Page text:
How is food such an important part of the Retreat experience?

I would say it’s a big part of what makes a retreat memorable. People want to feel nourished and energised on a retreat. Guests may be nervous about eating only plant-based for a number of days, so the aim is to try and surprise and delight. I always feel so happy when guests tell me that they’ve had physical ailments disappear, or they have more energy, or even if they’ve just tried something new at the end of a retreat. I also think how food is eaten is also very important. On retreats, everyone is sat around a big table, passing platters around, sharing and talking, eating slowly and savouring the experience. Food brings people together and that is so apparent and heightened on retreats. I always feel like I come away with new friends after each one, which is amazing as you start the experience as strangers.

It looks like lifestyle is super important to you too, you surf right? you look super adventurous!

I do try and surf, yes! I learned whilst cooking at a surf school in the Algarve last year. I spent a dreamy 7 weeks with The Surf Experience, surfing on my days off. My favourite day was coming back from a surf road trip with another girl that worked there, still wet and only in our bikinis from the last sunset surf, before breaking down in the middle of nowhere in the darkness. I think we managed to somehow sweet talk a mechanic (in our non-existent Portuguese) into towing the car back to civilisation. Wild times. I now only plan trips around good surf spots!

Apart from that, I try and fit in yoga, a lot of dancing at gigs as I love music, and I’m trying to get back in to my first love, rugby, once I have some shoulder issues fixed.

Where have some of your work adventures taken you?

Most recently, Costa Rica. Monaco, the south of France, Portugal, Spain, Devon, Cornwall.

I understand you do a lot of recipe development for Planet Organic, what is your role there and what does it entail?

I was asked to come in at the beginning of this year in a consultancy role, to work on the recipe development for their new food to-go range. This means sitting down with their executive chef and the buyers, brainstorming and researching new ideas. Spending time talking to customers in different stores and getting feedback about what they’d like, and then designing recipes around that. Then we start playing around in the kitchen and seeing which recipes work. Retail is such a larger operation than what I’m used to, so really there’s a lot of learning about what works at that scale, as tonnes of food get shipped out of their central kitchen to stores across London every day. The biggest challenge, and sometimes limitation is that every ingredient, down to the spices, has to be organic. It’s been an incredible experience.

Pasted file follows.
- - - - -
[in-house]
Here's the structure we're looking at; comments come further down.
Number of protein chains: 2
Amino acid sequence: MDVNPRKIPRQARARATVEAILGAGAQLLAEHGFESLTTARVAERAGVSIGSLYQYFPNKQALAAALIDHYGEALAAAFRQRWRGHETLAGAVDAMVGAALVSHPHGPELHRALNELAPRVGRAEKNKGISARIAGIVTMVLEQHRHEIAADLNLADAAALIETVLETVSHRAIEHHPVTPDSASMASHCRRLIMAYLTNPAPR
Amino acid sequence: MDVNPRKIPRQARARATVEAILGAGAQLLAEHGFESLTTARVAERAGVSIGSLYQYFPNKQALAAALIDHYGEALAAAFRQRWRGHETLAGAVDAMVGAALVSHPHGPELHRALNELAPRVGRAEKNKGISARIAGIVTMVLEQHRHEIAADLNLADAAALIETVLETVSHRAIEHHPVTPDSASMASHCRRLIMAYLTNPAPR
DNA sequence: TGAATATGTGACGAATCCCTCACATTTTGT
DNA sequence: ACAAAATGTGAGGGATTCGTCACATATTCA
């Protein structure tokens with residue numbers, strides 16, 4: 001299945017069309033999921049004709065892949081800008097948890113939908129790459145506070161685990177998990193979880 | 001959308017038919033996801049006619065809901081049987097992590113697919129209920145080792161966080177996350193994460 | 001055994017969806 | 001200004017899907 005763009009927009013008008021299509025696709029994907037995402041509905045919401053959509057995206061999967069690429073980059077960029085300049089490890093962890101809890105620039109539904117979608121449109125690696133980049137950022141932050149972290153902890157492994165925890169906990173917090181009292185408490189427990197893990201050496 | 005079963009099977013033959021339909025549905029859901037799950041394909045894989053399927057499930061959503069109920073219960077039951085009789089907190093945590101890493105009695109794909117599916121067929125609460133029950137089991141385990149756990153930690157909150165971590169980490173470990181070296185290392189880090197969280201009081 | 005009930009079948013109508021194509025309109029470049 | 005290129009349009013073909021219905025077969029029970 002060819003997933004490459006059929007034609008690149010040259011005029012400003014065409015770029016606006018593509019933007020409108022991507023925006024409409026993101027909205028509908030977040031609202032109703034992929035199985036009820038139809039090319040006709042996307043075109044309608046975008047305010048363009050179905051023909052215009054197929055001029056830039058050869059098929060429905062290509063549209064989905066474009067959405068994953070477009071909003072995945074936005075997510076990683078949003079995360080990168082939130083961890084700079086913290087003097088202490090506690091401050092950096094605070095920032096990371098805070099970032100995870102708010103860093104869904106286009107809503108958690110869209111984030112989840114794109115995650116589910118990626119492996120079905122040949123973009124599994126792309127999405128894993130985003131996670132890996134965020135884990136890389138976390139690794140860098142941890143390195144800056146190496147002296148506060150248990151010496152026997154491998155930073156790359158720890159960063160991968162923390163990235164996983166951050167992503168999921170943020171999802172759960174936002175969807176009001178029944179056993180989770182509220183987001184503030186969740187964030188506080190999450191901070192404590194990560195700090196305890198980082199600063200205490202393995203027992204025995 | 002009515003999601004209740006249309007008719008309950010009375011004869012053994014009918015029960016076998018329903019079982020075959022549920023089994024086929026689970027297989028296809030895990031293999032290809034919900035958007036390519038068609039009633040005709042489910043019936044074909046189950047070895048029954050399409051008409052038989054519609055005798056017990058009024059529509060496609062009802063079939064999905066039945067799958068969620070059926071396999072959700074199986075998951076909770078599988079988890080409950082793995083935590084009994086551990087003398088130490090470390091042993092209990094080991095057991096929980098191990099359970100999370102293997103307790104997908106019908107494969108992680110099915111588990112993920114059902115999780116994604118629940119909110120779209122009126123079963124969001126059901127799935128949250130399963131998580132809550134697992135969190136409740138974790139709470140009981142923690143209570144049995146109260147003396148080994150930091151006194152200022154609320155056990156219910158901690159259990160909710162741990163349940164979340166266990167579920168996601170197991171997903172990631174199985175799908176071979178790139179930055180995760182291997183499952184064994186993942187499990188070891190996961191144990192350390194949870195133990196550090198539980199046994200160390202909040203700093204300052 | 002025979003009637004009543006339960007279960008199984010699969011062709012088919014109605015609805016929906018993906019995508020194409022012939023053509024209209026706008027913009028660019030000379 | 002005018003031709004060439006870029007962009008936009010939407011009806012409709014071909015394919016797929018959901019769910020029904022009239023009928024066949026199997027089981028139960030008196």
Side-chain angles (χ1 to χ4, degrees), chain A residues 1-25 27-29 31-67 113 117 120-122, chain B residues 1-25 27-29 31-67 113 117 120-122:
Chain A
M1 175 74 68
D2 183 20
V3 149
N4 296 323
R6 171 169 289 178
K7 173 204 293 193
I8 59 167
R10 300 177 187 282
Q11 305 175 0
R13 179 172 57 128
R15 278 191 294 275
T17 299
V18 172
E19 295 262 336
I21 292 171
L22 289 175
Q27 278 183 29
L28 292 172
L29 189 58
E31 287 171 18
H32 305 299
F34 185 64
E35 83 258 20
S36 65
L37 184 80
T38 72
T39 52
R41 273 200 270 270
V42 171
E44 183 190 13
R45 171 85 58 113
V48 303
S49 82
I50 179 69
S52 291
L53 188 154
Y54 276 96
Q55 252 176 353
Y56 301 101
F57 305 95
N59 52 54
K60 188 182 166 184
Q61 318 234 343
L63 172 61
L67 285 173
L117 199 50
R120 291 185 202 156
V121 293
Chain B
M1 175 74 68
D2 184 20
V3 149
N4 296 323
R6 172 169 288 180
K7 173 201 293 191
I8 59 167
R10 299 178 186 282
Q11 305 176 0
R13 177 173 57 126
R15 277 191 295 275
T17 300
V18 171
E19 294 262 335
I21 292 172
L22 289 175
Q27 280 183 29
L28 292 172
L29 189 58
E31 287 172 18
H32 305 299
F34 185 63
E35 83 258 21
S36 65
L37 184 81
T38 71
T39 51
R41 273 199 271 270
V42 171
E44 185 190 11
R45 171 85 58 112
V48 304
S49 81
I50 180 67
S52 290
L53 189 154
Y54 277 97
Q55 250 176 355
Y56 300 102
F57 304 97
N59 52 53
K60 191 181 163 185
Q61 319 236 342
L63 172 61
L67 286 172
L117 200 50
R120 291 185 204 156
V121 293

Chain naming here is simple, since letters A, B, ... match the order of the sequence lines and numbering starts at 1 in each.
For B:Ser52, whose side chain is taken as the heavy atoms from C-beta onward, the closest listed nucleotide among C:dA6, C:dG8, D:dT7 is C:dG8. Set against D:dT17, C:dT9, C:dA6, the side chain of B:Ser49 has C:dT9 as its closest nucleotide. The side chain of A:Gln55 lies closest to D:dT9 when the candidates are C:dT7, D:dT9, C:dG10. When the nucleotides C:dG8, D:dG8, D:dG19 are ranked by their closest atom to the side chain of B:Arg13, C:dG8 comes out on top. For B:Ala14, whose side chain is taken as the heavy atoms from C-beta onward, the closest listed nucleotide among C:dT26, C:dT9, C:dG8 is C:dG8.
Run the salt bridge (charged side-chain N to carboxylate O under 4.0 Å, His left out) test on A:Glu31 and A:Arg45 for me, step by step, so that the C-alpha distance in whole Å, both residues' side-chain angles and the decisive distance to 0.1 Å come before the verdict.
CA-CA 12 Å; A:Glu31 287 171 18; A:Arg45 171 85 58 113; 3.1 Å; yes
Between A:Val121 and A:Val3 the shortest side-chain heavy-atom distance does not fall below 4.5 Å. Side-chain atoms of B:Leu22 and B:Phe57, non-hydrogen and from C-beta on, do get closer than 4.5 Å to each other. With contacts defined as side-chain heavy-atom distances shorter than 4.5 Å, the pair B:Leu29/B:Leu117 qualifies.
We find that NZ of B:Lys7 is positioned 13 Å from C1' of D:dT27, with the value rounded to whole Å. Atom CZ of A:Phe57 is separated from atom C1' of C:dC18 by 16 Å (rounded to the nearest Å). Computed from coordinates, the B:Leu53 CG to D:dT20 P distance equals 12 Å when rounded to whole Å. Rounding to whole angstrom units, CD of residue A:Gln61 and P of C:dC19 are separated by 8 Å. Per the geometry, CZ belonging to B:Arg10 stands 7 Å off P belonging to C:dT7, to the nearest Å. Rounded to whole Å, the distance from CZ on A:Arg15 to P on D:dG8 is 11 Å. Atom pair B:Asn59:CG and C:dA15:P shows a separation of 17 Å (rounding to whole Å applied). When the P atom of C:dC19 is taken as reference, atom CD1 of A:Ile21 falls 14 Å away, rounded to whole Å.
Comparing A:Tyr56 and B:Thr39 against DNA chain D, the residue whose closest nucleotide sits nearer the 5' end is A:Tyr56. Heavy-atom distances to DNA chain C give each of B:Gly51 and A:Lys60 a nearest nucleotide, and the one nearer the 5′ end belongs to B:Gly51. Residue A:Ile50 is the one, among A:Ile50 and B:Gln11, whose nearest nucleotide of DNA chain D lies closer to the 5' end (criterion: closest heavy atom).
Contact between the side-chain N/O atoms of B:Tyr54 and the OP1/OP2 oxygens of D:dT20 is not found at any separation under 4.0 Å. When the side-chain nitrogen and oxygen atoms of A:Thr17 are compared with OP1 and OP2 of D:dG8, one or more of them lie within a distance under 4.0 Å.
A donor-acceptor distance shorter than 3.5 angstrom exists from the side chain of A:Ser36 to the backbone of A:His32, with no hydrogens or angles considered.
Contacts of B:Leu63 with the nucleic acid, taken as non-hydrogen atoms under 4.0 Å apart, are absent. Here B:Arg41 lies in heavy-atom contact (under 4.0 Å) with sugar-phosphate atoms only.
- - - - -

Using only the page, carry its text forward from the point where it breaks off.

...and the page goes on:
Any tips as to how to work-in excellent nutrition into our own meal plans?

I do think that nutrition is a very personal thing – what works for one person may not necessarily work for the next. That said, I think that as long as you’re getting an array of colour in terms of fruit and veg, and looking at what’s in season where you live, you can’t go wrong. Diversity (not eating the same 5 fruits and veg every day) is also really important for gut health and the immune system too. There are a lot of ways you can do this – try saving a produce calendar on your phone and incorporating some of the seasonal ingredients into a smoothie or salad. Cooking should be fun, and there are no rules, so play!

What’s coming up next for you? any retreats, fun, and projects this summer?

My next cookbook is out in early June, which is a collaboration with a dear friend and talented fellow chef and food photographer @theculinarybee. It’s called Together, and is full of recipes (and cocktails) for celebrating with friends, using British summer produce. Aside from that, we’ve got a lot of outdoor bookings this summer which will be fun. There may be another Costa Rica work trip on the cards too. I’m also launching a new project which is product and design-based, to do with food. I can’t tell you more yet, but keep your eyes peeled…

Where’s your dream surf destination?

Nosara in Costa Rica, and I’d love to check out Pavones, the world’s longest left, further down the coast. It’s a real trek to get there which means it will most definitely be worth it!

Zoe Arvolo King’s Miso overnight oats with blackberry & bay compote

Serves 2 generously

Blackberry & bay compote

350g frozen blackberries

3 bay leaves

2 teaspoons vanilla powder / extract

Gently heat the blackberries from frozen in a pan with the bay leaves and vanilla, for 30 minutes until you have a syrupy compote. Remove the bay leaves and store the compote in a jar.

Miso overnight oats

125g rolled oats

1 teaspoon of vanilla powder / extract

1 teaspoon of cinnamon

Half a teaspoon of cardamom powder

Half a teaspoon of ground nutmeg

Half an inch of peeled fresh ginger, grated finely

2 teaspoons of organic miso

250ml of oat or nut milk

2 tablespoons of coconut sugar / maple


Vanilla coconut yoghurt

Toasted coconut flakes

Blitzed pistachio nuts

In a bowl, add the miso, spices, coconut sugar and ginger and whisk with a few tablespoons of the milk, gradually adding more until it’s incorporated. Add in the oats and leave the bowl covered in a bowl overnight, or just for an hour or two if you really can’t wait.

Top with the coconut yoghurt, compote, coconut flakes and pistachios.

June 08, 2022 — Janaya Wilkins